As a small business owner, you will know that all VAT returns have been digital, i.e. online, for some time. But you may not realise that HMRC’s plans do not stop there. In under a year, you will have a very different set of requirements to fulfil.
Phase One of the new Make Tax Digital process comes in as early as April 2019. So start planning in this tax year, for the changes to come in the next.
Making Tax Digital – the implications
The authorities now intend to more or less make it mandatory for you to buy or lease what they describe as functional compatible software, such as Clearbooks, to make all your entries real-time. (Note to Mac users: check that your chosen solution will work in the UK).
This may mean an end to leafing through paper records every quarter or year, but it does mean that you (or whoever does your accounting) will have to keep on top of, and record, all forms of expenses as they happen, as well of course as your invoicing.
It is said (following representations from small business groups) that spreadsheets can still be used if you link them electronically to HMRC, but this is intended as a temporary measure and it could be problematic in practice.
VAT goes first
The initial phase of what is intended to be a complete business tax changeover by 2021 is that VAT records will be made digitally, continuously reportable from April 2019.
The VAT Returns currently only list total sales and purchases. After April 2019 you must digitally record every single item, showing the VAT element – e.g. zero-rate, standard-rate. All the adjustments you may make – reverse charges on imports, car leases, subsistence, entertainment etc. also need to be shown.
There are potential upsides and downsides:
- Less physical paperwork and collation/conversion of spreadsheet information
- Avoidance of VAT recording errors and potential fines
- Extra expense of cloud accounting software (for current non-users)
- Continuous recording replaces quarterly or annual work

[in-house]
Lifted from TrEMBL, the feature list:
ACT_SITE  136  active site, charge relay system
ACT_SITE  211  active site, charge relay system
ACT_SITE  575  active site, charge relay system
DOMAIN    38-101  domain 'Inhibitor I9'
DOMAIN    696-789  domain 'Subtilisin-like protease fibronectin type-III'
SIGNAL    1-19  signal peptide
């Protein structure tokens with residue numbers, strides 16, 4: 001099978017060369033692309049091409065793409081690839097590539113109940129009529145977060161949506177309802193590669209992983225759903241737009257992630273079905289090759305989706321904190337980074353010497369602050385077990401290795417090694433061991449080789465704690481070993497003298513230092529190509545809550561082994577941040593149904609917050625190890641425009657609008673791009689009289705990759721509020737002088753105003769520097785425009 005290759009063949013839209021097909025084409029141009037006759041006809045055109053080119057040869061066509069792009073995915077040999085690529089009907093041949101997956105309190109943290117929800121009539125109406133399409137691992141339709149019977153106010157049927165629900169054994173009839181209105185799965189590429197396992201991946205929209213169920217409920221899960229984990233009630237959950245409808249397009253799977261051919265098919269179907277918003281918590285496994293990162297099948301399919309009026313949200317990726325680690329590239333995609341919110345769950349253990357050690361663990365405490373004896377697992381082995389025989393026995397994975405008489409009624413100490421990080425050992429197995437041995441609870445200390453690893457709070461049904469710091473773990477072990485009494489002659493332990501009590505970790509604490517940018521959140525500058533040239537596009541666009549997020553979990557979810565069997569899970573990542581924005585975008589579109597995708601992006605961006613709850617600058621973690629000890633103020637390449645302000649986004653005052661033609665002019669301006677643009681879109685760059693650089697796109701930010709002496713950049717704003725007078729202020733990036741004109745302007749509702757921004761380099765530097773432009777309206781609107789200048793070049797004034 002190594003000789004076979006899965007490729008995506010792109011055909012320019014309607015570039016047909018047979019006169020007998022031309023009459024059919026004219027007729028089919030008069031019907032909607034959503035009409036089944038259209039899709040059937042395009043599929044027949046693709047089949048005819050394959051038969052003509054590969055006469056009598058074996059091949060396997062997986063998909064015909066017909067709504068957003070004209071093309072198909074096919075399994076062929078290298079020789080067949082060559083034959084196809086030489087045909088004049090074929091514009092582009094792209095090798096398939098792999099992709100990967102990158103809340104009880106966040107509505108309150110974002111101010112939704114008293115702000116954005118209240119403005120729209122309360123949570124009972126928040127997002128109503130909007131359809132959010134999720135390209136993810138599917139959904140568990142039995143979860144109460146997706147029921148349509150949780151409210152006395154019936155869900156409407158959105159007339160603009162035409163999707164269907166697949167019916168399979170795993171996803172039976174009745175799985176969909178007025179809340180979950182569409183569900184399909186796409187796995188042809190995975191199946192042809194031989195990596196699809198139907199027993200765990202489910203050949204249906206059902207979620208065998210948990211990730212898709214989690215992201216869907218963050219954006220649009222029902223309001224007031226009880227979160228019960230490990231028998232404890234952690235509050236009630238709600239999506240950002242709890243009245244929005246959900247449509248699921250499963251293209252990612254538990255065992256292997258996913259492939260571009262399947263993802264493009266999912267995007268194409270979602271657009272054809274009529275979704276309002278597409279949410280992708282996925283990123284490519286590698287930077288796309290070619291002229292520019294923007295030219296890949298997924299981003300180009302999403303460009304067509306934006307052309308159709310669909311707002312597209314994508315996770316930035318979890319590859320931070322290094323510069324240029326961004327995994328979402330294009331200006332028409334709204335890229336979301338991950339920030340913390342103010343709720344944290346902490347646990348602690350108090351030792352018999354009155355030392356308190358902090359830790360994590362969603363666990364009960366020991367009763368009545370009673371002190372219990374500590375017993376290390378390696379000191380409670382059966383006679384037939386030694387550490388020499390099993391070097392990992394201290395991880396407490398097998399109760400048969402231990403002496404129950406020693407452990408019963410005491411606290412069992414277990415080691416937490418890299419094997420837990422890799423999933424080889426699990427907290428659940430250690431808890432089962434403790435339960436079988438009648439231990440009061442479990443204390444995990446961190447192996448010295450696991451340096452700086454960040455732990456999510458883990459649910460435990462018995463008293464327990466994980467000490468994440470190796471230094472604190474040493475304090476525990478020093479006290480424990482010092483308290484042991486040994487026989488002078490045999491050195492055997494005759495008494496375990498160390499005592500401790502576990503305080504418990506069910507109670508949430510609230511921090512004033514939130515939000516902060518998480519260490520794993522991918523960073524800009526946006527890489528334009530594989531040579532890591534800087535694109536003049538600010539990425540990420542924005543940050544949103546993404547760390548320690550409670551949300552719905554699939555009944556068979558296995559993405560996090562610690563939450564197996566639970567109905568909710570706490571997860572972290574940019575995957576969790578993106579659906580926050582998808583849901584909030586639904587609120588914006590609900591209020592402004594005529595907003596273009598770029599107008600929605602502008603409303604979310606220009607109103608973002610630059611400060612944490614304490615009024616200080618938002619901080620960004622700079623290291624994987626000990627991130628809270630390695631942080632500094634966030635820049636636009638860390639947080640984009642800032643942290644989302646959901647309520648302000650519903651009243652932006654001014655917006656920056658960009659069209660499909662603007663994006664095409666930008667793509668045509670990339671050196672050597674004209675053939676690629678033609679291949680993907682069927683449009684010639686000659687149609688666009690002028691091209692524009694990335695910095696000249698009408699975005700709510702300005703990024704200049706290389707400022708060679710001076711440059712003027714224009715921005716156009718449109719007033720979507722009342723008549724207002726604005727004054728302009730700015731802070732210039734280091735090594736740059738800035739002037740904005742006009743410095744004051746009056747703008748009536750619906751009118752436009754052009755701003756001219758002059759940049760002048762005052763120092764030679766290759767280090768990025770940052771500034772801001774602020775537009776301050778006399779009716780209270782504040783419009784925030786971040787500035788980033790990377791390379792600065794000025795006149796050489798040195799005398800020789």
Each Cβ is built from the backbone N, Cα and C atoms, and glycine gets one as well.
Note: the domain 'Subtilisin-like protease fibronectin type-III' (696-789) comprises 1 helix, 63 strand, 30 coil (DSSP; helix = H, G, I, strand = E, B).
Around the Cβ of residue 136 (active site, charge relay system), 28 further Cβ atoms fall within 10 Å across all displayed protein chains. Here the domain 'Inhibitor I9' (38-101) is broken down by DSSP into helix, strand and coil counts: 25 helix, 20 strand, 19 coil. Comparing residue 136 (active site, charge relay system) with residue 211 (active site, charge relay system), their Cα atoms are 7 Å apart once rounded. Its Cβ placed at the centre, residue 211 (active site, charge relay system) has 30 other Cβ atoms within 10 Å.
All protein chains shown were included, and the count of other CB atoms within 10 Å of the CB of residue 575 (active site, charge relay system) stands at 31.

- Likely extra hours charged by your accountant on conversion and to ensure compliance
Who is affected
Organisations that have annual sales of £85,000 are obliged to be VAT-registered: below that level, they may opt to register if they think they may exceed the amount in the current year or soon.
This is not just limited companies, but also partnerships, sole traders, public organisations, schools and charities.
It is quite possible that those who are close to, but below the threshold may now elect to withdraw from VAT registration, or not to join if they otherwise were planning to. We advise a discussion with us at Region Accountancy if you are uncertain, because there are arguments for and against and each situation will be different.
There is to be an initial 12-month ‘honeymoon period’ when no penalty fines will be applied, to those who are VAT-registered. There will certainly need to be a bedding-in stage for small operations that do not have external financial assistance.
With other taxes due to be converted to ‘full digital’ by 2021, it is HMRC’s vision that overall, organisations will be better off in future. The devil, as ever, will be in the detail.
Let us have an early discussion to make sure that you are not caught out by the new requirements and ways of working.